Go to ...

“When critics are really good writers, it’s nice whether they like your work or not.”

— Gail Simone

RSS Feed

November 18, 2017

Honor and Curse #1 (review)


Honor and Curse #1 (review)
Mad Cave Studios, 2016
Writer: Mark London

Writing historical fiction can be difficult, and particularly when dealing with a place which has a different language and culture from that of the writer. This title is set in sixteenth century Kyoto. As far as historical accuracy goes, this comic does not capture it, with its improbably green-eyed heroes sporting long Dragonball-esque pony-tails instead of chonmage (the traditional topknot worn by Japanese fighters in the Edo period). If this issue has any significant flaw, it is that the writer, Mark London (who we assume like the publisher, Mad Cave Studios, is based in Florida), did not take more care to ground the story in medieval Kyoto by reference to landmarks which exist to this day, like Kamigamo-jinja Shrine.

But it is clear that the story is not intended to be an historical exploration of feudal Japan: visions of vulture demons haunt the protagonist, casting this title as a melange of fantasy, horror and adventure.

The plot is concerned with Genshi, a trainee ninja. Sixteen years ago, Genshi’s family were the victims of a brutal ambush. Just as the leader of the brigands ordered his men to kill those who resist, Genshi watched as his defenceless mother was without warning run through by a sword. A lost and scared survivor of the attack, Genshi was adopted as a very young boy into the Iga clan, lead by Lord Haruki.

Genshi is then trained as a fighter. The discipline is tough: full-contact combat, tested for endurance by being poised in a freezing waterfall doing the splits, fending off an attack by arrows and shuriken with swordplay. Genshi is clearly adept: he springs from lily pad to lily pad at one point, demonstrating the skills of a master ninja. All of this is overshadowed by Genshi’s nightmares, which Genshi’s roommate and Lady Akemi put down to stress.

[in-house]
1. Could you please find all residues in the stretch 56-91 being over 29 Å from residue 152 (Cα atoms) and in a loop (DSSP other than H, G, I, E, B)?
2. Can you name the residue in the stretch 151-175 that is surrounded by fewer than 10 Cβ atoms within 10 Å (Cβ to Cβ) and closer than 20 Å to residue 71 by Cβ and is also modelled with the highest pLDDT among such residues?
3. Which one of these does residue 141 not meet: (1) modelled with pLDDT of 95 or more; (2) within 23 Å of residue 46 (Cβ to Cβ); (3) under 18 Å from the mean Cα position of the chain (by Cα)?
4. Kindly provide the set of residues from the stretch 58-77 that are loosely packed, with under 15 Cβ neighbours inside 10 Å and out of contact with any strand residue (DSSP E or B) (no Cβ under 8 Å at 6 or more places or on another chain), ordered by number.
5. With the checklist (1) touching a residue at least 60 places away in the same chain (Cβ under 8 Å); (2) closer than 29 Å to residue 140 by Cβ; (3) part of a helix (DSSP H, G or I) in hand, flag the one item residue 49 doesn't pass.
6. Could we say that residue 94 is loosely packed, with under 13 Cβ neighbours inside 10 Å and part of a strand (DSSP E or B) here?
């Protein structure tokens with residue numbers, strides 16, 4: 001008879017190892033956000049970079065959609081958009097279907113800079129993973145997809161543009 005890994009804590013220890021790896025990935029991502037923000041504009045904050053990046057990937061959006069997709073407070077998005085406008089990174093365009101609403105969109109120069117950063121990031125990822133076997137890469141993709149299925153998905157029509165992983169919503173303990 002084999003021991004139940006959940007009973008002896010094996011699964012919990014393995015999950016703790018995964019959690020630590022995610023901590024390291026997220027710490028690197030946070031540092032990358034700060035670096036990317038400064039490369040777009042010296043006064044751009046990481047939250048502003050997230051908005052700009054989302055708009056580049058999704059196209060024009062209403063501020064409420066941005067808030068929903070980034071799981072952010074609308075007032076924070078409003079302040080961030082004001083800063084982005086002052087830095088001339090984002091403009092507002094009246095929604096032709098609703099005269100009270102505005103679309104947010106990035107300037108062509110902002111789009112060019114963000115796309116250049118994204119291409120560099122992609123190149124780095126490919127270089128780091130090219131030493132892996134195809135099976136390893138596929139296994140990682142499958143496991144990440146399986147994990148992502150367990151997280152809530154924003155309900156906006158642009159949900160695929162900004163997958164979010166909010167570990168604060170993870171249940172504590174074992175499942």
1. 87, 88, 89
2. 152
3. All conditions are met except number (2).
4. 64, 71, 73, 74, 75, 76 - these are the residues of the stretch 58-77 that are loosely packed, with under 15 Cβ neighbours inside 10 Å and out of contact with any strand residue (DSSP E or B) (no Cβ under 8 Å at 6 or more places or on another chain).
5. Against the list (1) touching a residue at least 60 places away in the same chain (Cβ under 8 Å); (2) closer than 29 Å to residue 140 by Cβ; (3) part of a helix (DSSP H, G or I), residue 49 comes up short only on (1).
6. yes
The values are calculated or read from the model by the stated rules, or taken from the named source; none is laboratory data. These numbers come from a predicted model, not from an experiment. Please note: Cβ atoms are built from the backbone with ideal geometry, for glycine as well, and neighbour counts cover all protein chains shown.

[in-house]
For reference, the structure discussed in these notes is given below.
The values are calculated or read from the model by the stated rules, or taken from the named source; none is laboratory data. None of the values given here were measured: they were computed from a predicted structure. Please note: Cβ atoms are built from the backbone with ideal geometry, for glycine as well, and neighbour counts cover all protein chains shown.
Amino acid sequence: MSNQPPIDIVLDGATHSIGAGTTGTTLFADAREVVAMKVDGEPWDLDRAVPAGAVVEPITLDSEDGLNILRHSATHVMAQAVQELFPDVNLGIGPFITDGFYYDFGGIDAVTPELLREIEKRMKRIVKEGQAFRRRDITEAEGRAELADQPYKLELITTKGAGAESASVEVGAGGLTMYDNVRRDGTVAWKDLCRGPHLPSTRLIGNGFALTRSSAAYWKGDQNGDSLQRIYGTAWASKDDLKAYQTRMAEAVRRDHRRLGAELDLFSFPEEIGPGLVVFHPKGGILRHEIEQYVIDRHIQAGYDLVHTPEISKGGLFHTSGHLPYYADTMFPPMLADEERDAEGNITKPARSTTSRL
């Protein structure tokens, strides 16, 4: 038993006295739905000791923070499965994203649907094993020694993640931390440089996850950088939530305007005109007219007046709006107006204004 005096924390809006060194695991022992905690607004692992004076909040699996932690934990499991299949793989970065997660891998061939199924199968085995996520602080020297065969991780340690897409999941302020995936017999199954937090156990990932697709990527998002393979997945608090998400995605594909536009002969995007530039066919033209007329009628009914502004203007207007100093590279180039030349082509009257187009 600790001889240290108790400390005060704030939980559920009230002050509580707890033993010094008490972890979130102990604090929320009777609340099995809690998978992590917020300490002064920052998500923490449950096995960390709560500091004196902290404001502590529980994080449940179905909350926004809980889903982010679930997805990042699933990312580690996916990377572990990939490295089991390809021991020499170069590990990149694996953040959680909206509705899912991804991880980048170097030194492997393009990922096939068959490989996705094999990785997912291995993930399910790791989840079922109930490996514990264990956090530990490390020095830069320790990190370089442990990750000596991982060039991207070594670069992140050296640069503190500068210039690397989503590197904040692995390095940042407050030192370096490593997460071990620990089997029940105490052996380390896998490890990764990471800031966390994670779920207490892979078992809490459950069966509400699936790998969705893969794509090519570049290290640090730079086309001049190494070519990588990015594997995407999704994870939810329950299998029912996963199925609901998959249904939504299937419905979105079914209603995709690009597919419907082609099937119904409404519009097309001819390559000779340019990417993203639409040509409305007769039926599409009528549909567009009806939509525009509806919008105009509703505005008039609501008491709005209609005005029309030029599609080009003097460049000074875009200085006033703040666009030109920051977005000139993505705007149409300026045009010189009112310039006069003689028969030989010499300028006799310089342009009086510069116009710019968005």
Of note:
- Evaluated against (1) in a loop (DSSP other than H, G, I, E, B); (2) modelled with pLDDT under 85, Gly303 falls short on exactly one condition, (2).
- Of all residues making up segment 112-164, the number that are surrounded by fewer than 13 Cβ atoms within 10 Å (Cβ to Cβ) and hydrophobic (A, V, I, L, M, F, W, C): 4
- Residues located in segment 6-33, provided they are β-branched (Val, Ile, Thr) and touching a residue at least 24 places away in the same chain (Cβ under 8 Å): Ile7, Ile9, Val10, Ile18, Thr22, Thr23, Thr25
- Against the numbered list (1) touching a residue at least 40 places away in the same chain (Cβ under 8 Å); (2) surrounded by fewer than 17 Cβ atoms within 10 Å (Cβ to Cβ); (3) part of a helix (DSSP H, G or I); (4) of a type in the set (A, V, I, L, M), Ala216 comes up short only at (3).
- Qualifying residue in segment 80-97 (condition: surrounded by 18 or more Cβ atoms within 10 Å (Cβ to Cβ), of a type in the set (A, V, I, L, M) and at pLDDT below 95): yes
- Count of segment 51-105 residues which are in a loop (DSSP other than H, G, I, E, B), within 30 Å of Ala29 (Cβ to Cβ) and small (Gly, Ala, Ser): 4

Genshi’s teacher, Nichiro, delights in Genshi’s prowess. “One more test and he will prove worthy. I, Nichiro, am proud of my student”. But in the panel where this monologue appears, in the shadows leans forward the demon’s crab-claw profile. Could it be that Nichiro is both Genshi’s teacher and tormentor?

Genshi is Lady Akemi’s secret lover, and because of their class difference he fears for his life even as he wants her. Lady Akemi is slightly more brazen and admits that she loves Genshi (and it must be said at this point the conversation between the lovers is stilted and wooden – there is no real intimacy between the two other than a passionate kiss). But Genshi’s dreams of being dragged into a hellish pit by a bloodied devil forces him away from her. And then during a later assessment of Genshi’s skills, Genshi’s eyes blaze with a crimson inner light: Genshi is suddenly possessed and nearly kills Nichiro, almost certainly dispelling our theory that Nichiro is responsible for Genshi’s torment.

A rival clan, the Koga, lead by the fierce Lady Yua, sit on the horizon like a dark cloud, threatening the stability of the Iga clan by way of cattle theft, territorial disputes, and an imminent assault. And just as Genshi is promoted, Lord Haruki, fearing an attack by the Koga, requires that Nichiro procure Genshi’s death. Haruki’s motivation for this remains for the next issue.

We speculate that Genshi’s family were killed on the orders of Lord Haruki. And we wonder whether Genshi will end up being the lost son of a nobleman of the Koga clan, and that as a nobleman he will be entitled to marry Lady Akemi and seal the rift between the two houses, bringing the story to a Shakespearian ending. None of that explains the demon bird, which mystically bars Genshi from killing himself in the opening pages.

Perhaps the most engaging aspect to this title is that Mr London has impeccable timing in execution. The initial hook – a skirmish, Genshi’s failed suicide, the mocking haunting by voices, and the intervention of the demon spirit – is genuinely engaging. The twists – Genshi’s affair with Akemi, the nightmare of Lady Haruki offering to kiss Genshi, Lord Haruki’s orders to assassinate Genshi as the Koga army approaches – are unforeseen and executed with finesse. The humour of the sexual mercies of a one-eyed crony is harsh but amusing. Only the dialogue needs polish, and even then, there are still some sly lines laden with tension: “You feel disappointed and that’s on you,” says the ghostly voice haunting Genshi as he battles for his life, and after Genshi fruitlessly thrusts his sword through his heart, “Are we done?” We witness Genshi lying on his side with a sword protruding from his back. “I decide your fate!” screams the demon as it looms over Genshi, preventing him from dying.

Given the quality of the plot and execution of this first issue, we are a little surprised we have not heard of Mr London before. Once he has some years of honing under his belt, especially around dialogue, we do not doubt that Mr London will become a better-known name.

Related Post

Comments

comments

Tags: , , , ,